The New Mexico Uninsured Motorist Act

Driving carries with it a certain level of risk, and one of the most significant risks comes from uninsured and underinsured motorists.

In response to this concern, many states, including New Mexico, have passed legislation to protect law-abiding motorists. In New Mexico, this comes in the form of the Uninsured Motorist Act, NMSA 1978, Section 66-5-301. This article aims to shed light on this important piece of legislation.

The New Mexico Uninsured Motorist Act requires that all auto insurance policies issued within the State include uninsured (UM) and underinsured motorist (UIM) coverage. This coverage protects insured drivers from financial strain in the event of an accident where the at-fault driver is either uninsured or lacks sufficient insurance to cover the damages. 

Why Was the Act Created?

The Uninsured Motorist Act was intended to expand insurance coverage and to protect individual members of the public against the hazard of culpable uninsured motorists. The Act embodies a public policy of New Mexico to make uninsured motorist coverage a part of every automobile liability insurance policy issued in New Mexico and to compensate persons injured through no fault of their own.

Understanding UM/UIM Coverage

Uninsured/Underinsured Motorist (UM/UIM) coverage comes into play if you’re in an accident where the other driver is at fault and does not have insurance. Underinsured Motorist (UIM) coverage is used when the other driver has insurance, but their liability limits are not enough to cover your damages. The UM/UIM coverage will cover things like medical expenses, lost wages, and pain and suffering. The coverage is usually available to the insured driver, their resident relatives, and any occupants in the insured vehicle at the time of the accident.

Insurance Companies Must “Meaningfully Offer” UM/UIM Coverage in an Amount Equal to Liability Policy Limits, Provide the Premium Charges for Each Available Level of UM/UIM offered to the Policyholder, and Obtain a “Knowing and Intelligent” Waiver of Any Available Level of UM/UIM in Writing From a Policyholder Who Desire to Reject the Coverage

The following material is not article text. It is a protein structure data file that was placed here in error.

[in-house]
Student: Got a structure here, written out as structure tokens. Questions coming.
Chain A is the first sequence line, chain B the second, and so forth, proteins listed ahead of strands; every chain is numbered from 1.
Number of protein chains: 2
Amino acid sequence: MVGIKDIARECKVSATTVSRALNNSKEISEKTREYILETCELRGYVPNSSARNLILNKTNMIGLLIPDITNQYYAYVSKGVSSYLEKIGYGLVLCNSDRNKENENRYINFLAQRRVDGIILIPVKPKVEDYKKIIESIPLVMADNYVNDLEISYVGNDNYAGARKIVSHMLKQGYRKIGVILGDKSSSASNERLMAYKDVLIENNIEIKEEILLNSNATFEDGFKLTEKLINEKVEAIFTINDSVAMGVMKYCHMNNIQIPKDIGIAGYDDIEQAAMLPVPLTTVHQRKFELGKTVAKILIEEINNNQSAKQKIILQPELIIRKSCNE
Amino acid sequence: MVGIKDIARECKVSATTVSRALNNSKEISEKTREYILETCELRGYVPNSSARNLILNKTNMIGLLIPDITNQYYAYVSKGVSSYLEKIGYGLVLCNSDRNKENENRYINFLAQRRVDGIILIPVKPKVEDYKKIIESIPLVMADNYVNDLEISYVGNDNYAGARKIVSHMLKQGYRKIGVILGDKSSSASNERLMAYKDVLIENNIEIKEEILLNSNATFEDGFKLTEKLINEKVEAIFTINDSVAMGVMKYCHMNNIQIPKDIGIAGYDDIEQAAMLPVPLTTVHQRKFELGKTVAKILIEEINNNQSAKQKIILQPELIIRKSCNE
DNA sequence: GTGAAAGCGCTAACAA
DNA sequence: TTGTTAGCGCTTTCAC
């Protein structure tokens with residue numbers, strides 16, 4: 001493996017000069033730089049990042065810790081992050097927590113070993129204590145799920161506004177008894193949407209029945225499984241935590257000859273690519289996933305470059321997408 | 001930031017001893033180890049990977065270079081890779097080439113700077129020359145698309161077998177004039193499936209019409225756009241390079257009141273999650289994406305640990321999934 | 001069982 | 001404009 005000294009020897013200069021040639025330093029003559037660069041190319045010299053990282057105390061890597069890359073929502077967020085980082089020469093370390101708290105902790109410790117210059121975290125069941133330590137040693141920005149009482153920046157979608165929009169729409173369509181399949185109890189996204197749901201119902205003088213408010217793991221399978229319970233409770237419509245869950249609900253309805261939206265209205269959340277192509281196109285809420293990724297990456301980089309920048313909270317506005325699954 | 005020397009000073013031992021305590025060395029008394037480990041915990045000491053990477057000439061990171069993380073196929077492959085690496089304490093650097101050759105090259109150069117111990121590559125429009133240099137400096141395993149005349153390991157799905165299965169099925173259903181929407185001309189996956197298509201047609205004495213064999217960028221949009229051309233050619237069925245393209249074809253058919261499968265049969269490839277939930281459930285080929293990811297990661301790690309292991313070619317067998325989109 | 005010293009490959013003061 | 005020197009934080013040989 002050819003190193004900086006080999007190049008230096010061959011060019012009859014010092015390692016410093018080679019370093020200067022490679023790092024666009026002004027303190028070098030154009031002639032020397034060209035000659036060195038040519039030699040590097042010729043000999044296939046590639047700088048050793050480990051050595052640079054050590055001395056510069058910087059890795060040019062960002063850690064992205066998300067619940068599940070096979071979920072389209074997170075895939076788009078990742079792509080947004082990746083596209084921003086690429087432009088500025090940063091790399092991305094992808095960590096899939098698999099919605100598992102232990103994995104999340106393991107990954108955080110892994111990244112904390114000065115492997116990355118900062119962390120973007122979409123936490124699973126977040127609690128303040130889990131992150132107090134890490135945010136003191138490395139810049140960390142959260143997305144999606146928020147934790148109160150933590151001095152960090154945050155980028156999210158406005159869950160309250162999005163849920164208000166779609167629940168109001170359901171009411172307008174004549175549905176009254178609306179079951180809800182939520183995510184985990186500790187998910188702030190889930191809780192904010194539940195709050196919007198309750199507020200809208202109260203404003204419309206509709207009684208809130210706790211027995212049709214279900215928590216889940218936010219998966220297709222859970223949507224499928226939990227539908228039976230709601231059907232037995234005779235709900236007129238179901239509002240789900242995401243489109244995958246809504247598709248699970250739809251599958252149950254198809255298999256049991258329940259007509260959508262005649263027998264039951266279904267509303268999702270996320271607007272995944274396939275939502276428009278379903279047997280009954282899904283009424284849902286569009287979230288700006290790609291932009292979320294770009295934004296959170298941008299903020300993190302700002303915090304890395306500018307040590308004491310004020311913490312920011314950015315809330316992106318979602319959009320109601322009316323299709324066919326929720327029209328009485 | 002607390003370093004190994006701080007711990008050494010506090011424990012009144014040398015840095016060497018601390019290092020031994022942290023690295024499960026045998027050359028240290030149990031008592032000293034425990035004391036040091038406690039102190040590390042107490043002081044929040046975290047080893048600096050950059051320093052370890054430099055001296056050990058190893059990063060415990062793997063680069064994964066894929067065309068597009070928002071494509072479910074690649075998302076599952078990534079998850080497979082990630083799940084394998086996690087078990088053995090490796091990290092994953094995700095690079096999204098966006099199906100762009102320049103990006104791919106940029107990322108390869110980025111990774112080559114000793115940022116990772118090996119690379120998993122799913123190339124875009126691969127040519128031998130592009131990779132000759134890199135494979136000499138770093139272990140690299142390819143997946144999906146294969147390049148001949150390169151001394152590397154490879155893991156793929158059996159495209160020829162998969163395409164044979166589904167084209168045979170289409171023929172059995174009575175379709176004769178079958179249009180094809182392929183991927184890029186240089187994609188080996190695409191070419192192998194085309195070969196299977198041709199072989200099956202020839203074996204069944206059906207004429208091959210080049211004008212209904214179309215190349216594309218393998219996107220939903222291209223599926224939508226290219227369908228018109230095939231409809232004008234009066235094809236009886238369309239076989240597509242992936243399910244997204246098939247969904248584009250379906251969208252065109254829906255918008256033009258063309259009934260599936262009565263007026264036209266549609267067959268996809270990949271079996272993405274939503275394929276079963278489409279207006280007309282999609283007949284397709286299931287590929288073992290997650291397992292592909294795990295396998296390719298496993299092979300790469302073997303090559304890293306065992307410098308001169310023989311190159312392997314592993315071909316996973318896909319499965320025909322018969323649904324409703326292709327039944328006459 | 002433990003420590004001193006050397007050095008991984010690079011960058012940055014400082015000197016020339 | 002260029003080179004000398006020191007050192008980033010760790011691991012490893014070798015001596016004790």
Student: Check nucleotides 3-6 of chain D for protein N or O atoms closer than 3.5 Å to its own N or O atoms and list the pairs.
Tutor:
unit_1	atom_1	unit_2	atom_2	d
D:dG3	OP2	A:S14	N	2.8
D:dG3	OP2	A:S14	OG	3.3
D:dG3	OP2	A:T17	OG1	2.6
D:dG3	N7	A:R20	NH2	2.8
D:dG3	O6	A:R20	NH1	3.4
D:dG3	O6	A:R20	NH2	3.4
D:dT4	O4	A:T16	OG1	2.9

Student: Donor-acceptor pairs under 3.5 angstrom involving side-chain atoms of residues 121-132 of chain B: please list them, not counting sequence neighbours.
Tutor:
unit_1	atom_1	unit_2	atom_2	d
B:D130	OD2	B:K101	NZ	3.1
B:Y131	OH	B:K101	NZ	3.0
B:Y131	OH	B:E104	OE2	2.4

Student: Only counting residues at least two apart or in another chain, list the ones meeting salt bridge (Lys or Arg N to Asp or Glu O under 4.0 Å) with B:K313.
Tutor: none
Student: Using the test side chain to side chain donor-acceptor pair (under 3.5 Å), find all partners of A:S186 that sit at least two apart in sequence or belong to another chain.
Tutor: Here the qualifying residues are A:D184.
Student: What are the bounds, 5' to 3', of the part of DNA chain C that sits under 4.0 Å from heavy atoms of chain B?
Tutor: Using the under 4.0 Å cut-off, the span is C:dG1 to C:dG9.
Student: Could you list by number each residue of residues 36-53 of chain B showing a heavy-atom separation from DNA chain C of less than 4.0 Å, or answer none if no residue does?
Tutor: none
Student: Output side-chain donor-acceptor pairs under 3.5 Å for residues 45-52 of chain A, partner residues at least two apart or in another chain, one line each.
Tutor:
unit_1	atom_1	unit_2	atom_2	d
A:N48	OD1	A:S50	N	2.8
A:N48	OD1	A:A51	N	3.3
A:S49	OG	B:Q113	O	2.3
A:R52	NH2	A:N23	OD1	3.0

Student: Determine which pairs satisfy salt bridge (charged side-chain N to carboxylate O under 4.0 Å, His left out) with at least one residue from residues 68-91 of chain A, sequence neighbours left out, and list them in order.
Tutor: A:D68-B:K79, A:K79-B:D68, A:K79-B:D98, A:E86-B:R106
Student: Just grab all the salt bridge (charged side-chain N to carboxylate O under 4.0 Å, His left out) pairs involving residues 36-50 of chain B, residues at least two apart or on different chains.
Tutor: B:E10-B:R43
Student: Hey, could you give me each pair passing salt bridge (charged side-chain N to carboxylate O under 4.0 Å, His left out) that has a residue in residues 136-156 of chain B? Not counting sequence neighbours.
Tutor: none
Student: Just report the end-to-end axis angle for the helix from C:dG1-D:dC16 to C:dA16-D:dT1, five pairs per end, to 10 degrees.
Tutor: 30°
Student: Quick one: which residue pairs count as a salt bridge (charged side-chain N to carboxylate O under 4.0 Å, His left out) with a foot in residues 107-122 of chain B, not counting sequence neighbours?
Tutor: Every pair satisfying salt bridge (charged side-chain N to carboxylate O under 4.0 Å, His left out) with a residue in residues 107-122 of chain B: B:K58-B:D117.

It is worth noting that while the Uninsured Motorist Act requires insurance companies to include UM/UIM coverage in their auto policies, the insured party has the right to reject the coverage. However, this rejection must be in writing and comply with very strict requirements, detailed below. 

Pursuant to regulations passed by the New Mexico Office of the Superintendent of Insurance, 13.12.3 NMAC, a rejection of UM/UIM coverage equal to liability limits in automobile insurance policy has to be made in writing and be part of the policy delivered to the insured; insurers have to provide the insured with premium charges, and if the insured fails to obtain a valid rejection, the policy will be reformed to provide UM/UIM coverage equal to the liability limits. If the insurer (1) cannot provide a written rejection showing the insured was offered UM/UIM equal to liability limits, (2) fails to provide the premium charges for each level of UM/UIM coverage offered to the insured, or (3) fails to incorporate the rejection into the insurance policy in a way that affords the policyholder a fair opportunity to review his or her decision to reject and potentially change his or her mind, it is presumed that the insured has stacked UM/UIM coverage equal to the liability limits per household vehicle, even if the policyholder never paid premiums for such coverage.

Importance of the Act

The New Mexico Uninsured Motorist Act is a pivotal part of ensuring that drivers can be compensated for their losses in the unfortunate event of an accident with an uninsured or underinsured driver. It provides a safety net for responsible drivers, allowing them to recover costs that otherwise might not be covered. Further, the Uninsured Motorist Act provides coverage to insureds with respect to injuries that arise out of the use of an uninsured or underinsured automobile even if the injured party was not operating or occupying a motor vehicle at the time of the incident.

In conclusion, the New Mexico Uninsured Motorist Act represents a significant stride in the protection of road users, pedestrians, victims of shootings, dog bites, and other injurious incidents from the potential financial fallout caused by uninsured or underinsured drivers. It provides a legal framework that ensures every driver has a fair opportunity to protect themselves against those who disregard the compulsory auto insurance laws or carry insufficient auto liability insurance.

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